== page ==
Skip to main content
2013-2014 SeasonMnemonic

“the narrative was only one manifestation of the journey…”

By June 30, 2013August 16th, 2023No Comments

ImageSeeing Mnemonic was one experience along a path of many which helped to shift and clarify my understanding of what theatre can do and how it can be done. Simon McBurney went to the École Jacques Lecoq as did I, and the first work of his I saw was his final “Commande” a short original piece all two-year graduates were required to create based on a given phrase from Lecoq. In his piece Simon played a timid man going to a doctor’s office to hear the results of his tests; a simple scenario filled with fear and anticipation, and acceptance in the face of the uncontrollable. We saw by turn the man’s outward bearing (the goose would not hear the word “boo” today) and his inner world. He revealed, using movement, the turbulence of the soul shattering emotions that are usually constrained, that we do not expose others to. Lecoq believed that we must use whatever vocabulary necessary to communicate but that it must come from acute observations and explorations of the the physical world. We cannot make an audience think or feel by feeling or thinking but only through making these thoughts and feelings manifest though the movement of the body and objects, through the waves of light and sound. What was clear inMnemonic was that narrative was only one manifestation of the journey, the train on the rails. What was just as important- if not more so if the work was to be revelatory rather than documentary- was what we see out of the window, what we half see, what we see as we doze off, what we feel as an carelessly placed word from a fellow traveler whisks us back to another place and time and we must relive the already lived. The Lecoq training and exposure to works by Theatre de Complicité confirmed for me that holding up a mirror to reality was not enough for a theatre artist.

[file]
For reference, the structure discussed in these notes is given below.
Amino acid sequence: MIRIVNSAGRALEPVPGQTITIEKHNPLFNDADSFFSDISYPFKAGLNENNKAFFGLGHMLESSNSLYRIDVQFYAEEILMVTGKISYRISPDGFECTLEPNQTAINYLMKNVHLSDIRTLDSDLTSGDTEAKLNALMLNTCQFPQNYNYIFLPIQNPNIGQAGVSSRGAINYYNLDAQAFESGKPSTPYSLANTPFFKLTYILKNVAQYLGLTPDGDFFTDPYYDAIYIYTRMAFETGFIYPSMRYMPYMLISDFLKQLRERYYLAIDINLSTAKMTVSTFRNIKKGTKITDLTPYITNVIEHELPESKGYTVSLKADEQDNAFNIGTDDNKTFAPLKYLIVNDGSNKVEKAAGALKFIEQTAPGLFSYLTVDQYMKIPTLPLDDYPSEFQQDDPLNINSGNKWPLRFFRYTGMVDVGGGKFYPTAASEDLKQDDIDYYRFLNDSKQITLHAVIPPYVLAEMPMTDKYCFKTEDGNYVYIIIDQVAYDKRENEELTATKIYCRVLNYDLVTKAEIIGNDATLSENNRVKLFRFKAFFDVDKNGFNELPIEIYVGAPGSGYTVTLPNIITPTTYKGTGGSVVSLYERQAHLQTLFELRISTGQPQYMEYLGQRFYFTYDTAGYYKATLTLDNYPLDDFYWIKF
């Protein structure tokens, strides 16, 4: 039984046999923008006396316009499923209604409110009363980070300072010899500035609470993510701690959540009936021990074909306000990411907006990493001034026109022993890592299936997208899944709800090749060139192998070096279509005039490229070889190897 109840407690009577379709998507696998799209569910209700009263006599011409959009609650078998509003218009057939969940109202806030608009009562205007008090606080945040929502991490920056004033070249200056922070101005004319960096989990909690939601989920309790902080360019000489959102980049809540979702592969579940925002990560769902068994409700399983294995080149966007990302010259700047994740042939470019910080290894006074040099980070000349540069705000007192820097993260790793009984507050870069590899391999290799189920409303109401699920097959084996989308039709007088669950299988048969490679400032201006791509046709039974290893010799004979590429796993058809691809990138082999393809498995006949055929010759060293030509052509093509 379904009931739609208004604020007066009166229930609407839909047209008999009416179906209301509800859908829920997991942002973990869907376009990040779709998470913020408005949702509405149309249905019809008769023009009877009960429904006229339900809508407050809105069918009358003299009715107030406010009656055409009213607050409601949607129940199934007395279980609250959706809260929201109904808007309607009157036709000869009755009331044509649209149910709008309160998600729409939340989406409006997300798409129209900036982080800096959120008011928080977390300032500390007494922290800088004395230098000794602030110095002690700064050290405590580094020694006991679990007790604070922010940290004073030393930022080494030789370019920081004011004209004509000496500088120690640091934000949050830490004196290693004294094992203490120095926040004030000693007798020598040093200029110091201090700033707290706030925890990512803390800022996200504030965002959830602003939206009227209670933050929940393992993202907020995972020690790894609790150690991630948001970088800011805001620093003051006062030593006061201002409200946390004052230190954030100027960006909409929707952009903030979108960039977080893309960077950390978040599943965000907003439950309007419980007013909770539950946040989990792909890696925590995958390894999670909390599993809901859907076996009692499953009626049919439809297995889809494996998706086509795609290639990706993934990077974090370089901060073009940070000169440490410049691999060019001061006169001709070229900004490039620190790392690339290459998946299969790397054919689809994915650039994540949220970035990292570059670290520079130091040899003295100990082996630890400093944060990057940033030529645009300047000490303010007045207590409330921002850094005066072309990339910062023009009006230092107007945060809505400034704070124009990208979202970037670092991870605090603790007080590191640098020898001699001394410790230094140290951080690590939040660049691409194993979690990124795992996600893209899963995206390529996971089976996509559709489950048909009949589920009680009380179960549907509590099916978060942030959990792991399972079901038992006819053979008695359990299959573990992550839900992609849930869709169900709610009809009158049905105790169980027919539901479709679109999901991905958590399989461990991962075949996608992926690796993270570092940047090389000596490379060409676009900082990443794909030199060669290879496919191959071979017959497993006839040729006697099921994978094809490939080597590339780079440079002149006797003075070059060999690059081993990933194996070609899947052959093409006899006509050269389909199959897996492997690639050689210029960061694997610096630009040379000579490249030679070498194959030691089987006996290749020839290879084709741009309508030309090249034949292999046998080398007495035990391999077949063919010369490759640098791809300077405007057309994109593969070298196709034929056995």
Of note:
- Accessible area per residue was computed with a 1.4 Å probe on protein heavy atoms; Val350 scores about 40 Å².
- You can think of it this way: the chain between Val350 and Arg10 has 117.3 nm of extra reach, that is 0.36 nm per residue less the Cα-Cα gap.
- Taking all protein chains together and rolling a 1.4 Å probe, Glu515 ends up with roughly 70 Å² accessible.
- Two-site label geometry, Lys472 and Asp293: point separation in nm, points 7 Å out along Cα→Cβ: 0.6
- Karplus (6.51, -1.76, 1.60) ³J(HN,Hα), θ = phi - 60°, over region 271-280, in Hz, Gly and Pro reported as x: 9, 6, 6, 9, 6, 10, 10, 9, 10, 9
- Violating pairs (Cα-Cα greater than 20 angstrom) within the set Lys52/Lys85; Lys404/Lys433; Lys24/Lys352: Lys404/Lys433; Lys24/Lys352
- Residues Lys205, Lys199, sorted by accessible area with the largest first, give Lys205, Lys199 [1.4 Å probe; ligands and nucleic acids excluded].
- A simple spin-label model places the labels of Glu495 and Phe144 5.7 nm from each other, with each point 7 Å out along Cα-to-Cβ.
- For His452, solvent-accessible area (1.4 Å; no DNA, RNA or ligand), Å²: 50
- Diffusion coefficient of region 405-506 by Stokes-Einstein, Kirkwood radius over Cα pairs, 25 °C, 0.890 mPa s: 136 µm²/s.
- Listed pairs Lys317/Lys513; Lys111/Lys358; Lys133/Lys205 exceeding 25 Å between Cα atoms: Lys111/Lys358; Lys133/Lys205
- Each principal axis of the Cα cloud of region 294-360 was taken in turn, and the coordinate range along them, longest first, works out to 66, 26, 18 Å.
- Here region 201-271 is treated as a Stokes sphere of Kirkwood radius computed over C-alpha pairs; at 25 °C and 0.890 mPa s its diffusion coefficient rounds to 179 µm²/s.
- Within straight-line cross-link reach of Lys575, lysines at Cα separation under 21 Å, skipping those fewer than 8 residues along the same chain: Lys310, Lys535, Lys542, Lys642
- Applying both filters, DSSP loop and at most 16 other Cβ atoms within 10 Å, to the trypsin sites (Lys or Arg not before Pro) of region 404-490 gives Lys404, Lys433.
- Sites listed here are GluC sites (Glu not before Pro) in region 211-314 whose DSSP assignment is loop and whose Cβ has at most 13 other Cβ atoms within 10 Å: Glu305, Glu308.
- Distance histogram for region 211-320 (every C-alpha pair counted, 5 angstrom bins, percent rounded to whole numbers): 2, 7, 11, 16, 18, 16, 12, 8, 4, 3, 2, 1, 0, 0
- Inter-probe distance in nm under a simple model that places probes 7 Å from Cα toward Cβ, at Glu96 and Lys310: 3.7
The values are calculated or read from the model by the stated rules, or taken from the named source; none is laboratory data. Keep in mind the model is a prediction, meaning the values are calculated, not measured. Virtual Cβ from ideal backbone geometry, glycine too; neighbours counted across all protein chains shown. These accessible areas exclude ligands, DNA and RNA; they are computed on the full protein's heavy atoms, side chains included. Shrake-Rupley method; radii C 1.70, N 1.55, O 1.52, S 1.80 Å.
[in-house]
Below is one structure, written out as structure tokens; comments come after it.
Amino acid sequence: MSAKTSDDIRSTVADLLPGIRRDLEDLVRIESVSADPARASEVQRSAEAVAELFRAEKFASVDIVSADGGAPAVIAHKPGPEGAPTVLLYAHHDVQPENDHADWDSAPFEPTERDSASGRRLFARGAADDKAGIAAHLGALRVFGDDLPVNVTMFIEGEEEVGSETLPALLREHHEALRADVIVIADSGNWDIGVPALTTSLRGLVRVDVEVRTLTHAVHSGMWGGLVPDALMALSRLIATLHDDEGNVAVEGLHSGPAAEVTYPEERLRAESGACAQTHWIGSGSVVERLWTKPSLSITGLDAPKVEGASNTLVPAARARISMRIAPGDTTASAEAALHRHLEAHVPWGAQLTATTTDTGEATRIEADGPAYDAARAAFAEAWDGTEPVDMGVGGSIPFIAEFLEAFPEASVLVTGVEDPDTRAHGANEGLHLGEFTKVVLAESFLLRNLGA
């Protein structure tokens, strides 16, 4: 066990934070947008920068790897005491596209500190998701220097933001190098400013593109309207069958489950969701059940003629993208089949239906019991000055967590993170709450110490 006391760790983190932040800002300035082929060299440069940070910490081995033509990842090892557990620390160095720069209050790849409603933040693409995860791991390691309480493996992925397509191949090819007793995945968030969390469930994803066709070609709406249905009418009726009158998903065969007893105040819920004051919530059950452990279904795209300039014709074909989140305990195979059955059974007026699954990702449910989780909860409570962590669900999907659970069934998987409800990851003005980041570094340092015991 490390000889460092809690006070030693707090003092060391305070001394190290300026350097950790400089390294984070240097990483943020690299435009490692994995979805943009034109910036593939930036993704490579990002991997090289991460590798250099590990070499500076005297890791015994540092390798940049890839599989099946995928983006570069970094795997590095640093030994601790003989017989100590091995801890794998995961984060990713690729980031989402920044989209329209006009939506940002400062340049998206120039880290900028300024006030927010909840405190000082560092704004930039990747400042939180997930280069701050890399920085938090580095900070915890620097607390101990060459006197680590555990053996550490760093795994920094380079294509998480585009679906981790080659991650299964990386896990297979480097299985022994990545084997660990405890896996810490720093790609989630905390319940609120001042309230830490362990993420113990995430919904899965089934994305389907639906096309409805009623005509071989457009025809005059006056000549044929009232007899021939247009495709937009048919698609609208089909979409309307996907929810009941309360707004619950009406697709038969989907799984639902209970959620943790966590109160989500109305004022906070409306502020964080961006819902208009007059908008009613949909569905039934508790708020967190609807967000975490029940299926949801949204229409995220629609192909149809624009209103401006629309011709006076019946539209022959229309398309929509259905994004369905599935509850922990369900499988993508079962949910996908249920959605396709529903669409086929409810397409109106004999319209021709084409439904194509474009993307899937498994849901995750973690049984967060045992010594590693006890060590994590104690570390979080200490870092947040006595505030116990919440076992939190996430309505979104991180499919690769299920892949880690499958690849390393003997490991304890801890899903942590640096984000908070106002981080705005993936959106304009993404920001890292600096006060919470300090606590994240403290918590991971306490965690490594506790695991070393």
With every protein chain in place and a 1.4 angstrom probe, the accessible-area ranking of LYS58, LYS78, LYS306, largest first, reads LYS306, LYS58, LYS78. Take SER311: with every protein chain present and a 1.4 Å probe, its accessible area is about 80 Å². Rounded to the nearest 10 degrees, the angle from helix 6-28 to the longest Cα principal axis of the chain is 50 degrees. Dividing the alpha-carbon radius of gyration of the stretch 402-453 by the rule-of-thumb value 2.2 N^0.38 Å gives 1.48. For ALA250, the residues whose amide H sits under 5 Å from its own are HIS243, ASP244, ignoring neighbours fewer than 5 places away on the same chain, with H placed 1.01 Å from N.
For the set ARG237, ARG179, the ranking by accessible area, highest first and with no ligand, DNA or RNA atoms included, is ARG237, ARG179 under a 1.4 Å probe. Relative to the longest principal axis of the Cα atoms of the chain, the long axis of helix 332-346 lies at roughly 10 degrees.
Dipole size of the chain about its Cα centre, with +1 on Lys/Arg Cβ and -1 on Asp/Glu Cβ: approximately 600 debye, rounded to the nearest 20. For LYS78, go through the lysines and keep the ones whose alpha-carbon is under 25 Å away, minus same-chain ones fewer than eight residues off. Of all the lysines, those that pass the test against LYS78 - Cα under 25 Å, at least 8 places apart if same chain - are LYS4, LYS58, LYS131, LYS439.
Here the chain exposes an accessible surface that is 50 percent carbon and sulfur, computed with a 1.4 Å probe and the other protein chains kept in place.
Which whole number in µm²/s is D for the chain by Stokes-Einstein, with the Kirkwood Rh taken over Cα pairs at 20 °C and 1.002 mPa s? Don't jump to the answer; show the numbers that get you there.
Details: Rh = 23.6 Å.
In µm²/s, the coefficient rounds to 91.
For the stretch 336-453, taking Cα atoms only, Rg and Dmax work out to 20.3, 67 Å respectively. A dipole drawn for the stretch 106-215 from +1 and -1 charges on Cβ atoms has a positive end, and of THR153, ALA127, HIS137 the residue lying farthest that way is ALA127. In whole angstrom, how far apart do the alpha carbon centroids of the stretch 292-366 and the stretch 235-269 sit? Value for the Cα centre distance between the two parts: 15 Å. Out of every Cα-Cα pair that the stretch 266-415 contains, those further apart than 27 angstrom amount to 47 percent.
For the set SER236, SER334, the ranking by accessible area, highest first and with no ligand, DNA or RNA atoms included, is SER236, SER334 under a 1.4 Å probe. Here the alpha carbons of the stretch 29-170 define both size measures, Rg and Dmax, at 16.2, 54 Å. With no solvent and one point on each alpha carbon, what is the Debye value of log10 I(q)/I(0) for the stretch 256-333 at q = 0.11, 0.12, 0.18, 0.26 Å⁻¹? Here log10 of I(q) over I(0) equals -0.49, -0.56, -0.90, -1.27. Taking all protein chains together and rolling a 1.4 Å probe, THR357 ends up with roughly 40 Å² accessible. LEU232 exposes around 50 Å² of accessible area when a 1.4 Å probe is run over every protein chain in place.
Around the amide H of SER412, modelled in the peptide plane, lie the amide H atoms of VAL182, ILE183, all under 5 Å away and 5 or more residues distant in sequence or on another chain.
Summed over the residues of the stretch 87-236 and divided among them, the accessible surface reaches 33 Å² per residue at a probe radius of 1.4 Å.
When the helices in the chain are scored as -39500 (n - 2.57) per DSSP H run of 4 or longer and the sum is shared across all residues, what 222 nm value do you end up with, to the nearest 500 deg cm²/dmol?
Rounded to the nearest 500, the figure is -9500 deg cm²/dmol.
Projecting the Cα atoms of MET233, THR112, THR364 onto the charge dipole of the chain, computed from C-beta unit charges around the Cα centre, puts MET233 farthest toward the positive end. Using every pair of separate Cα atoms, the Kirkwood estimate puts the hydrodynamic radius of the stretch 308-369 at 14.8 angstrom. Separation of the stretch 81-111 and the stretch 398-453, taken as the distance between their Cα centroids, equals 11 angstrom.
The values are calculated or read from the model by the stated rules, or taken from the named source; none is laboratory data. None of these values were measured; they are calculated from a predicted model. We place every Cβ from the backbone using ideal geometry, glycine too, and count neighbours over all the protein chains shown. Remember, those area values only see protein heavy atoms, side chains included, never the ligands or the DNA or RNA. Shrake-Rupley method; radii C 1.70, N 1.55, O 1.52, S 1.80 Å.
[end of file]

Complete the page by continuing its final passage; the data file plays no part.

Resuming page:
Realism falls short of reality. It shrinks it, attenuates it, falsifies it; it does not take into account our basic truths and our fundamental obsessions: love, death, astonishment. It presents man in a reduced and estranged perspective. Truth is in our dreams, in the imagination. – Ionesco

–Malcolm Tulip,
actor, director, and Associate Professor in the
Department of Theatre and Drama at the University of Michigan.


Leave a Reply

This site uses Akismet to reduce spam. Learn how your comment data is processed.